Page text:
For the formulation of a diagnostic criterion, for each disease the same procedure was followed. Only those who were suffering at the time of examination were accepted as cases, except when the diagnosis was hysteria or epilepsy. In these two instances, manifestation of symptoms at any time during the preceding year was sufficient for inclusion as a case.

  • d. The Socio-Economic Status Schedule (SES; Pareek & Trivedi, 1966), which is standardised for use in the rural area of India, was used to determine the socio-economic status of each family. The SES schedule covered land, caste, farm power, housing, material possessions and leadership in social organisation; the status is quantified numerically and there are five categories. A family scoring up to 13 would be placed in the lowest category (Class V). A family scoring above 42 would be placed in the highest category (Class I). Incidentally, this scale is still deemed a valid research tool by Indian social scientists.

Collection of data

A door-to-door enquiry was made to each family. The data were collected first from the head of the family and again from each adult member of the family, to cross-verify that all the facts had been obtained. Whenever a probable case was detected, a thorough examination, both physical and psychiatric, was made by two senior psychiatrists of the team separately, who made their diagnosis independently. In the event of a divergence of opinion between the two psychiatrists, the case was re-examined and a diagnosis agreed. Cases of divergence of opinion were very few. The psychiatrists had a high level of interrater agreement.

The principal investigator (D.N.N) and three other members of the team who conducted the second survey in 1992 are the same as those who made the first survey in 1972. One of those three (S.P.M.) was the statistical advisor; the other two (G.B. and A.G.) were senior psychiatrists. They took part, along with the principal investigator, in the examination of all probable cases and in diagnosis, in accordance with the diagnostic criteria determined before the beginning of the first survey. The new members of the team (P.S.N. and S.N.) are qualified psychiatrists. They were trained in the use of the tools which were used in both these studies, but they were relatively junior and did not take part in the diagnosis of the cases.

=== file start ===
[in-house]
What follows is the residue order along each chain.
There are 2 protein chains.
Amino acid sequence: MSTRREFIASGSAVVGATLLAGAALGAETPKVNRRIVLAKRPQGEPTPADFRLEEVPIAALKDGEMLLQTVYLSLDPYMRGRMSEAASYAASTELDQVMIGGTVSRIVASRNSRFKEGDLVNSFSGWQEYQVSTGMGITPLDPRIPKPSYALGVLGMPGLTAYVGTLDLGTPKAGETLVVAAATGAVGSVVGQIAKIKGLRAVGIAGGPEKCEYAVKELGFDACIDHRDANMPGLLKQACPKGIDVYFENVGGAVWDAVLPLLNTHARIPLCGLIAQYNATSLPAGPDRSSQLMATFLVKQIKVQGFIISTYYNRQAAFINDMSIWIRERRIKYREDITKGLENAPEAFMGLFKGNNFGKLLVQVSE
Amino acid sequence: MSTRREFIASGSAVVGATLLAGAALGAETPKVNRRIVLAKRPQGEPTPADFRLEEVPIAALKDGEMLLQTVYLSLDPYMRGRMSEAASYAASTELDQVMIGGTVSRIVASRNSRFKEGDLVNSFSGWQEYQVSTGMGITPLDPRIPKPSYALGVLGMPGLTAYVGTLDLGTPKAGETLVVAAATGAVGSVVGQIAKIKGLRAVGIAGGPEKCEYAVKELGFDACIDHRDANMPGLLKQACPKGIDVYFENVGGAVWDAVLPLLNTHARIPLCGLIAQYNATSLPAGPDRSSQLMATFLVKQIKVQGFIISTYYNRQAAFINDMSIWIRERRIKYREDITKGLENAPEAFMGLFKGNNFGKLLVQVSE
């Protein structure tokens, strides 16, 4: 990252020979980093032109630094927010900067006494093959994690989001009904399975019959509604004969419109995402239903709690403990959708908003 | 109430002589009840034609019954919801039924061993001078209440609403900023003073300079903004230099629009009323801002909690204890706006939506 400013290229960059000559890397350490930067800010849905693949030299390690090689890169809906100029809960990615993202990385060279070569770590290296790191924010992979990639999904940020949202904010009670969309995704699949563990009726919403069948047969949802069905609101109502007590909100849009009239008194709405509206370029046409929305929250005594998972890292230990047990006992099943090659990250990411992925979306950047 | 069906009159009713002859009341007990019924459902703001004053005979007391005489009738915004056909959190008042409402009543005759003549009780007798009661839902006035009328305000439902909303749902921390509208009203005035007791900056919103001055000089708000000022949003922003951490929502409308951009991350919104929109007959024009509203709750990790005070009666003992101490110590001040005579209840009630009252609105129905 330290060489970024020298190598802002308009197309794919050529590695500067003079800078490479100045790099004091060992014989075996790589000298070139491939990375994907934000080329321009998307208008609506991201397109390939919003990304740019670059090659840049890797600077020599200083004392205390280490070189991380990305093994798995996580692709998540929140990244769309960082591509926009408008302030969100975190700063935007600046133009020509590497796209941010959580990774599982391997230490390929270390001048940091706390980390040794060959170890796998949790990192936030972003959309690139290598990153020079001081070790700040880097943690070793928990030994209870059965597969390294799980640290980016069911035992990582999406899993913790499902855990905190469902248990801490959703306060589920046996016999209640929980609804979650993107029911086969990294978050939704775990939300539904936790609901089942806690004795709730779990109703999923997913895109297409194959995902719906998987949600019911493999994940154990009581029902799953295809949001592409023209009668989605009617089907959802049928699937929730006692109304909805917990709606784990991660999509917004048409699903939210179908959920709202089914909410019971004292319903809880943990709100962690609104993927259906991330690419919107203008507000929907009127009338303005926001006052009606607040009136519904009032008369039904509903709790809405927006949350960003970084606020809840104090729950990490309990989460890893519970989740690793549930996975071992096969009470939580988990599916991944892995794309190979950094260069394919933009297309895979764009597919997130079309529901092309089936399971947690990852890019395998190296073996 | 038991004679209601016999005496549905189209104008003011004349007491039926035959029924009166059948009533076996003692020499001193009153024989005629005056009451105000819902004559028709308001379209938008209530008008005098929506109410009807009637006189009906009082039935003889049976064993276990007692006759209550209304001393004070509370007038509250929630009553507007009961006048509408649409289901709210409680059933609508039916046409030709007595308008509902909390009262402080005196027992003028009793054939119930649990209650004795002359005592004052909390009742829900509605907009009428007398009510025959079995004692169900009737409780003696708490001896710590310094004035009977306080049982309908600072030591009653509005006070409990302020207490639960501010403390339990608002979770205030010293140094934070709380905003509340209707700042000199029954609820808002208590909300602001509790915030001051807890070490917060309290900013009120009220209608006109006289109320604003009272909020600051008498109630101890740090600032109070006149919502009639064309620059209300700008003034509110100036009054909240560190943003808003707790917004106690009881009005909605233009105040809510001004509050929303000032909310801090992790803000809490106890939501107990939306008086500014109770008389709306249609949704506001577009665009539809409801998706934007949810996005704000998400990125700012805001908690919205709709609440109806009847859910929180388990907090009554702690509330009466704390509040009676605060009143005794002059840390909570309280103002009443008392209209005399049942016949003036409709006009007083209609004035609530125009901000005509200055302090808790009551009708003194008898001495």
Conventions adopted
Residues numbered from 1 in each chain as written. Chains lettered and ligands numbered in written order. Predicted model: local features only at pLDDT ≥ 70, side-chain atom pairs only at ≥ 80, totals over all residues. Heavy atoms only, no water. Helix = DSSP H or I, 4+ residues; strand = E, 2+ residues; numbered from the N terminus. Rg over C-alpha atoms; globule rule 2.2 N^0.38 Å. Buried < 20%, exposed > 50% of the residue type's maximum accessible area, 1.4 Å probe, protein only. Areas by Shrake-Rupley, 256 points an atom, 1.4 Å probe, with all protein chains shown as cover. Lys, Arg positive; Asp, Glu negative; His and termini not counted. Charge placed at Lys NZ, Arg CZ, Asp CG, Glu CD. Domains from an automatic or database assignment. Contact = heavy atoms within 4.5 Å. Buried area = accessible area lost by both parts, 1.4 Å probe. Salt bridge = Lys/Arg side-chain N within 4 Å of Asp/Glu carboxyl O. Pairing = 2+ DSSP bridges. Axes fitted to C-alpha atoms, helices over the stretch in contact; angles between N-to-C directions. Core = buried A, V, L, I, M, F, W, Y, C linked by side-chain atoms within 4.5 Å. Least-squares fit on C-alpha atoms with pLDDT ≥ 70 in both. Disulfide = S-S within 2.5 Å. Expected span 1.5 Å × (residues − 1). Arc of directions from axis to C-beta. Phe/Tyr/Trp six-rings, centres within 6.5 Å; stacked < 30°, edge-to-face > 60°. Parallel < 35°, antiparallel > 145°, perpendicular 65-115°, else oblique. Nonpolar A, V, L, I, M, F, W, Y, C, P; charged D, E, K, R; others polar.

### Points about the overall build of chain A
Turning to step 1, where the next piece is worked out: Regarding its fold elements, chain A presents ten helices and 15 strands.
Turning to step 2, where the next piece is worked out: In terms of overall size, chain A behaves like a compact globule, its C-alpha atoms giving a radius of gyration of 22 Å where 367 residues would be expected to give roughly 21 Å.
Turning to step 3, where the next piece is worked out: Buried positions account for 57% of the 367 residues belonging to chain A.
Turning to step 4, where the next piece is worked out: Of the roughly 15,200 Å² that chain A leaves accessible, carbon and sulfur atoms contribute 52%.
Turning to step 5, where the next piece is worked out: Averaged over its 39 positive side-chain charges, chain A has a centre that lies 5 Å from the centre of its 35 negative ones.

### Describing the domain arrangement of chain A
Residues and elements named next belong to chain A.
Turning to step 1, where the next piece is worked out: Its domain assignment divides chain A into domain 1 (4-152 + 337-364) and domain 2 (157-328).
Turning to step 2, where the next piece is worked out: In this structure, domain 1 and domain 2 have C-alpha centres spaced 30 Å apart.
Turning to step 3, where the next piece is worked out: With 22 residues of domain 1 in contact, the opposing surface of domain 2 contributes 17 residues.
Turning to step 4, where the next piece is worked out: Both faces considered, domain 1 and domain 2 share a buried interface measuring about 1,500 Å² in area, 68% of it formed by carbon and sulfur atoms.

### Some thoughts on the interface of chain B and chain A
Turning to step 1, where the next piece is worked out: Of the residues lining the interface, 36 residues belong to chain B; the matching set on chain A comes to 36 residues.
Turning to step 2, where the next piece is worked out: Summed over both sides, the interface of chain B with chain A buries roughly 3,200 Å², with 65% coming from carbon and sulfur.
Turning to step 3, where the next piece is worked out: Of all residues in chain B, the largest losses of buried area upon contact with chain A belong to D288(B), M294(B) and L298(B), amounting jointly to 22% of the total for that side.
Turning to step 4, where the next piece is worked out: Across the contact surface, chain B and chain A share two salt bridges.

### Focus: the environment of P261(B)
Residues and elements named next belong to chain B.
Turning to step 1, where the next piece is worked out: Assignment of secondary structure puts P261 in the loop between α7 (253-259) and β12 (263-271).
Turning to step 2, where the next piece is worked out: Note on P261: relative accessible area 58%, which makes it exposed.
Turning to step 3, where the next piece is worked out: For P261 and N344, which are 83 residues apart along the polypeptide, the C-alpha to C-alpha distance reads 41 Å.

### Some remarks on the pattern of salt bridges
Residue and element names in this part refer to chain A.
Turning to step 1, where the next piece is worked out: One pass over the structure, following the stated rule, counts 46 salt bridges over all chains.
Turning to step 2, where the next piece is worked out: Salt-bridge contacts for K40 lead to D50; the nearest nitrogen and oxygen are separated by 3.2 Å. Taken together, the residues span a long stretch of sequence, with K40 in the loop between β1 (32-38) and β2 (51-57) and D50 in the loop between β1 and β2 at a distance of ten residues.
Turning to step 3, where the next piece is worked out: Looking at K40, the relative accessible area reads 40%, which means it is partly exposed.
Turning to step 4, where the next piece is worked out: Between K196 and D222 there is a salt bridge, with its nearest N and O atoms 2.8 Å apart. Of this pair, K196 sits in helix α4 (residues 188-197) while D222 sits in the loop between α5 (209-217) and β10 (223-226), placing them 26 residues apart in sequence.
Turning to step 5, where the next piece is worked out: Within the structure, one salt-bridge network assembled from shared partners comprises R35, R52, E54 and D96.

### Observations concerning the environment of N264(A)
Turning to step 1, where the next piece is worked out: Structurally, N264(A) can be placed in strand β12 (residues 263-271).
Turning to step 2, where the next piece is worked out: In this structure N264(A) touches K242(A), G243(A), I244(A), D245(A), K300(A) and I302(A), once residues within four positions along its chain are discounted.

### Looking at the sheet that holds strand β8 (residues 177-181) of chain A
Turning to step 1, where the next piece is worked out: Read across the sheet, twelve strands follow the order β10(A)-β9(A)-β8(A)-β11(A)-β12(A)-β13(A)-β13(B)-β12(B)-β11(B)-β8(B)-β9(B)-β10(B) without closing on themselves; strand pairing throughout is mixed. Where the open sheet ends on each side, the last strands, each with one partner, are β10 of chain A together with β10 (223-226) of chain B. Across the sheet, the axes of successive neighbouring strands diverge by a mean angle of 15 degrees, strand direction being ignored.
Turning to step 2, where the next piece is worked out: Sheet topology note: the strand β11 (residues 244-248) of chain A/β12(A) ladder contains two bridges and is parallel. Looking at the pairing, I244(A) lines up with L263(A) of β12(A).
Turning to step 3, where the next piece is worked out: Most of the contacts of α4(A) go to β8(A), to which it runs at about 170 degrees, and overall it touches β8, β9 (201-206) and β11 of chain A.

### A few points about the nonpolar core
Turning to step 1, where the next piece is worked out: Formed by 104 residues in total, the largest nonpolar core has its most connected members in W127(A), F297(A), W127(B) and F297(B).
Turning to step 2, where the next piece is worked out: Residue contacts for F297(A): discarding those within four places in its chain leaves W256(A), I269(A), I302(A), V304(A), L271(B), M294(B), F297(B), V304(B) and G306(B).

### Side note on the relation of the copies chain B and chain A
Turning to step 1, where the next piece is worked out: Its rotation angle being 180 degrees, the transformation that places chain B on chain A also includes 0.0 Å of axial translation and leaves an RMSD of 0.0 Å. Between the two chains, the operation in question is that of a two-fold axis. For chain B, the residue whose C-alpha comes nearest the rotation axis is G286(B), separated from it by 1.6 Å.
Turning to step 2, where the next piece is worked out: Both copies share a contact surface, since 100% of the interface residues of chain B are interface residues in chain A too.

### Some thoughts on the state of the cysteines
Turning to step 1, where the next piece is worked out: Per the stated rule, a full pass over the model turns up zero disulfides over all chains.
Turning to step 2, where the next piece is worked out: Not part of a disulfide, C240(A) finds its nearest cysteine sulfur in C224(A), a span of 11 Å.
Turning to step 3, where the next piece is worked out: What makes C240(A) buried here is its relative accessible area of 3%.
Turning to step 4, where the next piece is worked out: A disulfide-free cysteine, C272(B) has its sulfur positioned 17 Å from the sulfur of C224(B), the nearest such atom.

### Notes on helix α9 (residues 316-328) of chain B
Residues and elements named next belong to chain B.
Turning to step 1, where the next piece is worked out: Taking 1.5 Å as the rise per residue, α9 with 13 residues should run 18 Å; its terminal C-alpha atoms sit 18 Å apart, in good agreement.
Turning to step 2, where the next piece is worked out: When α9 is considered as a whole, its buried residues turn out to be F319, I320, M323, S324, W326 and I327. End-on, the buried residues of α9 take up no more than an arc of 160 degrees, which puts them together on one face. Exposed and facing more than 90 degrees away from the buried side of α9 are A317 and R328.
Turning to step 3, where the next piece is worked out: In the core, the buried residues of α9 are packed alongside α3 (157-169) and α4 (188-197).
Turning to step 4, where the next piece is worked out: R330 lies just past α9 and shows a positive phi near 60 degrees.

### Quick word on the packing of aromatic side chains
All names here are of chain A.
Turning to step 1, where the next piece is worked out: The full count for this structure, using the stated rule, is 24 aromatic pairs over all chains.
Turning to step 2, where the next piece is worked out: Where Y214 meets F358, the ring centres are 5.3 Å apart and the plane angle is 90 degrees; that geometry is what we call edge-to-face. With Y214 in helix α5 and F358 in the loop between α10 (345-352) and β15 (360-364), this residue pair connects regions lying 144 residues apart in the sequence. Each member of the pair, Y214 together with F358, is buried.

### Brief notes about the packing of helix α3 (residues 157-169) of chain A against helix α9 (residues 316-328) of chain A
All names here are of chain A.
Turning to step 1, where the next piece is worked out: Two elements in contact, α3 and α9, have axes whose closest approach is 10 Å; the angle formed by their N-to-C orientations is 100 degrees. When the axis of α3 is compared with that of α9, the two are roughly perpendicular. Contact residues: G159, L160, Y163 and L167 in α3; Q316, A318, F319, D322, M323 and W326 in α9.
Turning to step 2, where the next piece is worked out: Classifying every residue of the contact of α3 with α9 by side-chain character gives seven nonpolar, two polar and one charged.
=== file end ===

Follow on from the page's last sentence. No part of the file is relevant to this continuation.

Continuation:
The core of the team, who carried out the examination and diagnosis, was the same in both the surveys (conducted in 1972 and 1992). They followed the case-finding methods and the diagnostic criteria strictly and made the diagnosis in the same way in both the surveys. This strategy was adopted to ensure the comparability of rates of morbidity.

The data obtained by each survey were compiled and computed and variables were dealt with statistically.

Statistical methods used

Data were mostly presented in two-way tables, and the possible association between two classification factors likely or hypothesised to be mutually associated was tested for significance using the standard χ2 tests in contingency tables with k categories for one factor and L for the other. The value of the χ2 statistic obtained was compared with the tabulated percentage ones corresponding to (k-1) × (L-1) degrees of freedom. In a few situations, associations between two factors were tested by using the z-test.


The changes in the socio-demographic characteristics of the community in the two villages (Gambhirgachi and Paharpur) are presented in Table 1. The population in Gambhirgachi has almost doubled during this period, while that of Paharpur has increased by about one-third. The general improvement in the indices of improvement in socio-economic status are however, similar.

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Table 1

Change in the socio-demographic characteristics of the community in the villages of Paharpur and Gambhirgachi

The distribution of families according to socio-economic status shows that in course of 20 years this has improved. In 1992 the percentage of families in Classes I and II increased, and that in the lowest classes decreased. This change is statistically significant.?

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Table 3

Distribution of the total population by age in 1972 and 1992 of the two villages combined (Paharpur & Gambhirgachi)

The distribution of affected families according to socio-economic status shows that the higher classes had higher rates of morbidity in both 1972 and 1992. In 1992, however, the trend is not so clear-cut as in 1972. The difference in rates of morbidity is, however, statistically not significant.

Table 6 shows that the rate of morbidity was higher in women than in men in the base year (1972), and this trend was not changed significantly after 20 years.

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Table 6

Distribution of affected persons in 1972 and 1992 in the two villages combined

Table 7 shows that the rate of morbidity in the younger age group (under 23 years) has dropped remarkably over the 20 years (from 29.3% to 18.0%). On the other hand, morbidity in the elderly group (over 60 years) has increased significantly.

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Table 7